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Shatost

John Bayley, 16 June 1983

Dostoevsky and ‘The Idiot’: Author, Narrator and Reader 
by Robin Feuer Miller.
Harvard, 296 pp., £16, October 1981, 0 674 21490 0
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Dostoevsky 
by John Jones.
Oxford, 365 pp., £15, May 1983, 9780198126454
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New Essays on Dostoyevsky 
edited by Malcolm Jones and Garth Terry.
Cambridge, 252 pp., £25, March 1983, 0 521 24890 6
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The Art of Dostoevsky: Deliriums and Nocturnes 
by Robert Louis Jackson.
Princeton, 380 pp., £17.60, January 1982, 0 691 06484 9
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... turn parody into new reality and the Gothic into his own version of the electrically banal. John Jones may be right to write off The Idiot in his study and leave it out of discussion. Even its humour is disproportionate, and it is peculiarly difficult to separate in it the essential from the inessential, the blind alley (Myshkin) from the continuing way. Yet ...

Complete Internal Collapse

Malcolm Vale: Agincourt, 19 May 2016

The Hundred Years War, Vol. IV: Cursed Kings 
by Jonathan Sumption.
Faber, 909 pp., £40, August 2015, 978 0 571 27454 3
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Agincourt 
by Anne Curry.
Oxford, 272 pp., £18.99, August 2015, 978 0 19 968101 3
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The Battle of Agincourt 
edited by Anne Curry and Malcolm Mercer.
Yale, 344 pp., £30, October 2015, 978 0 300 21430 7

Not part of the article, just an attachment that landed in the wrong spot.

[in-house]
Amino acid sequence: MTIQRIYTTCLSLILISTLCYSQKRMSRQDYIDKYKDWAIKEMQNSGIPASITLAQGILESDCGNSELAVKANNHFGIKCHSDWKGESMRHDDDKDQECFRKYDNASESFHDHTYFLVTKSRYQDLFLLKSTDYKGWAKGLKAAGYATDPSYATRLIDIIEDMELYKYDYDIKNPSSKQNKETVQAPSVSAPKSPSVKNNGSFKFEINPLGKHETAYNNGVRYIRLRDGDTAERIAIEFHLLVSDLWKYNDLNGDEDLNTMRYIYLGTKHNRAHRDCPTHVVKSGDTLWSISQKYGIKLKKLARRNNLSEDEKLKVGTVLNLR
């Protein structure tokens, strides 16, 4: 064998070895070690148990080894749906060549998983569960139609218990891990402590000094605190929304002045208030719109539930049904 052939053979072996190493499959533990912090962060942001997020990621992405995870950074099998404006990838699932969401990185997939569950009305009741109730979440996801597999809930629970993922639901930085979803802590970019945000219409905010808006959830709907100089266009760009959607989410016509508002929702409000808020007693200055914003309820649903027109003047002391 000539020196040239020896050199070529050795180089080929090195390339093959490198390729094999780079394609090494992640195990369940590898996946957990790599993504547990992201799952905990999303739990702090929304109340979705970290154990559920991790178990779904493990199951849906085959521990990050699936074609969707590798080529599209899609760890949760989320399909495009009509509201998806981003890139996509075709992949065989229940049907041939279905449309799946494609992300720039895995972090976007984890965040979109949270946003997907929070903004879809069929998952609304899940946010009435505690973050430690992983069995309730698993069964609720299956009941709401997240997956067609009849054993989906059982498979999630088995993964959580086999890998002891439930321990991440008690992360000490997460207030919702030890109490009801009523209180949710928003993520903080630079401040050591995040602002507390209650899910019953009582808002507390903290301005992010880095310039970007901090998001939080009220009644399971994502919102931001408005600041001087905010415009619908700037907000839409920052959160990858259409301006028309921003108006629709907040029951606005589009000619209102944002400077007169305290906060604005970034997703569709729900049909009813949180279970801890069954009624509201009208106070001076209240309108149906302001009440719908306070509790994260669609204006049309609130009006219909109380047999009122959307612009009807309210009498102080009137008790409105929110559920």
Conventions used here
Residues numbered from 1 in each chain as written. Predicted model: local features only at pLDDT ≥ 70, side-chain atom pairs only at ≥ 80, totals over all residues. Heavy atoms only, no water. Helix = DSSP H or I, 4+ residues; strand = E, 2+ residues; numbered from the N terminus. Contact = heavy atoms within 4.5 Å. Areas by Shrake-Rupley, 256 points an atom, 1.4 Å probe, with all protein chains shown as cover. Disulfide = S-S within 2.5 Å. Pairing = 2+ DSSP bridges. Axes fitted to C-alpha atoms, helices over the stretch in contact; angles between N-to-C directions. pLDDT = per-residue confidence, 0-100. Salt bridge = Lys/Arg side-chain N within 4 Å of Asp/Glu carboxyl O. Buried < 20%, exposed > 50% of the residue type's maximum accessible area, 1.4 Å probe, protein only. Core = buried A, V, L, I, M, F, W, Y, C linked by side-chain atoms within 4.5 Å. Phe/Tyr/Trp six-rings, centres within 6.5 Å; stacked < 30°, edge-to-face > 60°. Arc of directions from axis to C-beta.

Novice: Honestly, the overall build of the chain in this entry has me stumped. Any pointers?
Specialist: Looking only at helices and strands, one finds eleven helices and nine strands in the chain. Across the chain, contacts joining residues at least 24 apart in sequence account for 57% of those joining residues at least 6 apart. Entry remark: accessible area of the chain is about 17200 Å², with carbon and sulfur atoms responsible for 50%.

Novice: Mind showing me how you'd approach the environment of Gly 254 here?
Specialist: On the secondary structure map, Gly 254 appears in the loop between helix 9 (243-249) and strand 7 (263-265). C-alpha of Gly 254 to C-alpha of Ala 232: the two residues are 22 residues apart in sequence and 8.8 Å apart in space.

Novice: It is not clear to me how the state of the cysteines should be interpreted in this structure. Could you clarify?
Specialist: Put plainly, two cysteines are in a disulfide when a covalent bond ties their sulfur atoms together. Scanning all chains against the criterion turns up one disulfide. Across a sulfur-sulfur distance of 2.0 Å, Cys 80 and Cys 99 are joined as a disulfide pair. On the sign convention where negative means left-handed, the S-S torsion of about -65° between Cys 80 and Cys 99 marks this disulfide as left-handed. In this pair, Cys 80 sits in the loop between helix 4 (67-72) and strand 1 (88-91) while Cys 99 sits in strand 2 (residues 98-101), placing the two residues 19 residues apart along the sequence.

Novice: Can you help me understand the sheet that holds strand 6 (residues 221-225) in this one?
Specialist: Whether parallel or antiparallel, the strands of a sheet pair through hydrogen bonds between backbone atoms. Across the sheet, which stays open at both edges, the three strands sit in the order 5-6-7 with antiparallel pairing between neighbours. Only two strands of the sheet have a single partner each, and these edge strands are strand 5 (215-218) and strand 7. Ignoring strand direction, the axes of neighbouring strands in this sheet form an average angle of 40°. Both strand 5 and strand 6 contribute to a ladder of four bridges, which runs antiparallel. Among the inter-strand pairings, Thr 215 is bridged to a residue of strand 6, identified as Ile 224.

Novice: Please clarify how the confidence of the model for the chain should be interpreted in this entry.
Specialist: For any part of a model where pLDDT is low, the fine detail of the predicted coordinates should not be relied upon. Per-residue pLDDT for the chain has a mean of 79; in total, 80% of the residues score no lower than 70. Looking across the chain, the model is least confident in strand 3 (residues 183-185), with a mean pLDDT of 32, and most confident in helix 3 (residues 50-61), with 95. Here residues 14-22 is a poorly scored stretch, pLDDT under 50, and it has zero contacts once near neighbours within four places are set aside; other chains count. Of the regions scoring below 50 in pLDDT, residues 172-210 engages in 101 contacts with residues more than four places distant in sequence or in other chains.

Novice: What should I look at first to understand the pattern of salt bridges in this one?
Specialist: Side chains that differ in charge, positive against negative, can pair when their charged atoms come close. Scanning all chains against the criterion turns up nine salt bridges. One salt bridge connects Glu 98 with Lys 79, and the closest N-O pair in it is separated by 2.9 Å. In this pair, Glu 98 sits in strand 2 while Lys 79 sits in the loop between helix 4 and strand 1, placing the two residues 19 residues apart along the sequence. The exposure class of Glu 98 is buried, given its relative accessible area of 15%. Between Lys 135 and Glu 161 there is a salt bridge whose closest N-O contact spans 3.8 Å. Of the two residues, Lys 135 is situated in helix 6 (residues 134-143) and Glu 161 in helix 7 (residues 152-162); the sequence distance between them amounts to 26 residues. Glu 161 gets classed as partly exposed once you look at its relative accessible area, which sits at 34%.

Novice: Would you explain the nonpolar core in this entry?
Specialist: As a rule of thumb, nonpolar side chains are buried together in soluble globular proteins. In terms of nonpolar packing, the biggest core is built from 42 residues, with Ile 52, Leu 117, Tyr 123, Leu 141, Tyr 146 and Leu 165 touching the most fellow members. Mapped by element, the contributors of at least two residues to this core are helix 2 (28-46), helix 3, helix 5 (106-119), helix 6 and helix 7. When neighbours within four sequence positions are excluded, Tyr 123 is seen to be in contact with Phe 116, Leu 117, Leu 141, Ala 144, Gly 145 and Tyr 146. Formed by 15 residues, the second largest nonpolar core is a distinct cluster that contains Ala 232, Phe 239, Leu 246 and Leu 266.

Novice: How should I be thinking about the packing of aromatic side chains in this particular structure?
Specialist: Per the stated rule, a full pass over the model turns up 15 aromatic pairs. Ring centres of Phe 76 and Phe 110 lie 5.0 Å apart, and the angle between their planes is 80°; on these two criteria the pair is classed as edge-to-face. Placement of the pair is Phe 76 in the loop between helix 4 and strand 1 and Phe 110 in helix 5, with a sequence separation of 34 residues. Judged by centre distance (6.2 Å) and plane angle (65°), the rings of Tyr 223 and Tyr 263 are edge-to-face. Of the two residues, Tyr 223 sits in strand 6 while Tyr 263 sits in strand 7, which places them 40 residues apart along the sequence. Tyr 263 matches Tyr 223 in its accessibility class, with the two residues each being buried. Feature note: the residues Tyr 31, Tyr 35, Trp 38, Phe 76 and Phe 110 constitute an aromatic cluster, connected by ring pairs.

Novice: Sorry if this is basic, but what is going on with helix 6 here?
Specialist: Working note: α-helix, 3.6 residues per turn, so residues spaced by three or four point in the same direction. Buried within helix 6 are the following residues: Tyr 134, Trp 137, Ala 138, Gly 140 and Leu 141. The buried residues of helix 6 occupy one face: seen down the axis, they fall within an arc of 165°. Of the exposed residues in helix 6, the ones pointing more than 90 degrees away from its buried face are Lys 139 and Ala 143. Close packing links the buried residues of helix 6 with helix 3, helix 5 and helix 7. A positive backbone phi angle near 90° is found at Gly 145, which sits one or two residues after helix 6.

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24 Hours at Agincourt: 25 October 1415 
by Michael Jones.
W.H. Allen, 352 pp., £20, September 2015, 978 0 7535 5545 3
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Agincourt: Henry V, the Man-at-Arms and the Archer 
by W.B. Bartlett.
Amberley, 447 pp., £20, September 2015, 978 1 4456 3949 9
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... in the Tower of London. The accompanying lavishly produced catalogue, edited by Anne Curry and Malcolm Mercer, contains 24 contributions from a distinguished cast of historians, including three from France. Rowena Archer, in a piece on war widows, notes the appalling casualty rate in some French noble families. The Craon family from Anjou, which had a ...

Short Cuts

Thomas Jones: Malcolm Gladwell, 4 December 2008

... together and head out. The phrase became common currency in 2000, when the New Yorker staff writer Malcolm Gladwell used it as the title of his first book, subtitled ‘How Little Things Can Make a Big Difference’. The Tipping Point is written in clear, readable prose and tells some engaging stories to advance the somewhat bland thesis that little things can ...

Short Cuts

Thomas Jones: Shipping containers, 9 February 2006

... global container system – and therefore, Levinson argues, the modern globalised economy – was Malcolm McLean, a trucking magnate from North Carolina, whose ‘fundamental insight’, Levinson writes, ‘commonplace today but quite radical in the 1950s, was that the shipping industry’s business was moving cargo, not sailing ships’. It took a while for ...

Flavr of the Month

Daniel Kevles, 19 August 1993

Perilous Knowledge: The Human Genome Project and its Implications 
by Tom Wilkie.
Faber, 195 pp., £14.99, May 1993, 0 571 16423 4
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The Language of the Genes: Biology, History and the Evolutionary Future 
by Steve Jones.
HarperCollins, 236 pp., £16.99, June 1993, 0 00 255020 2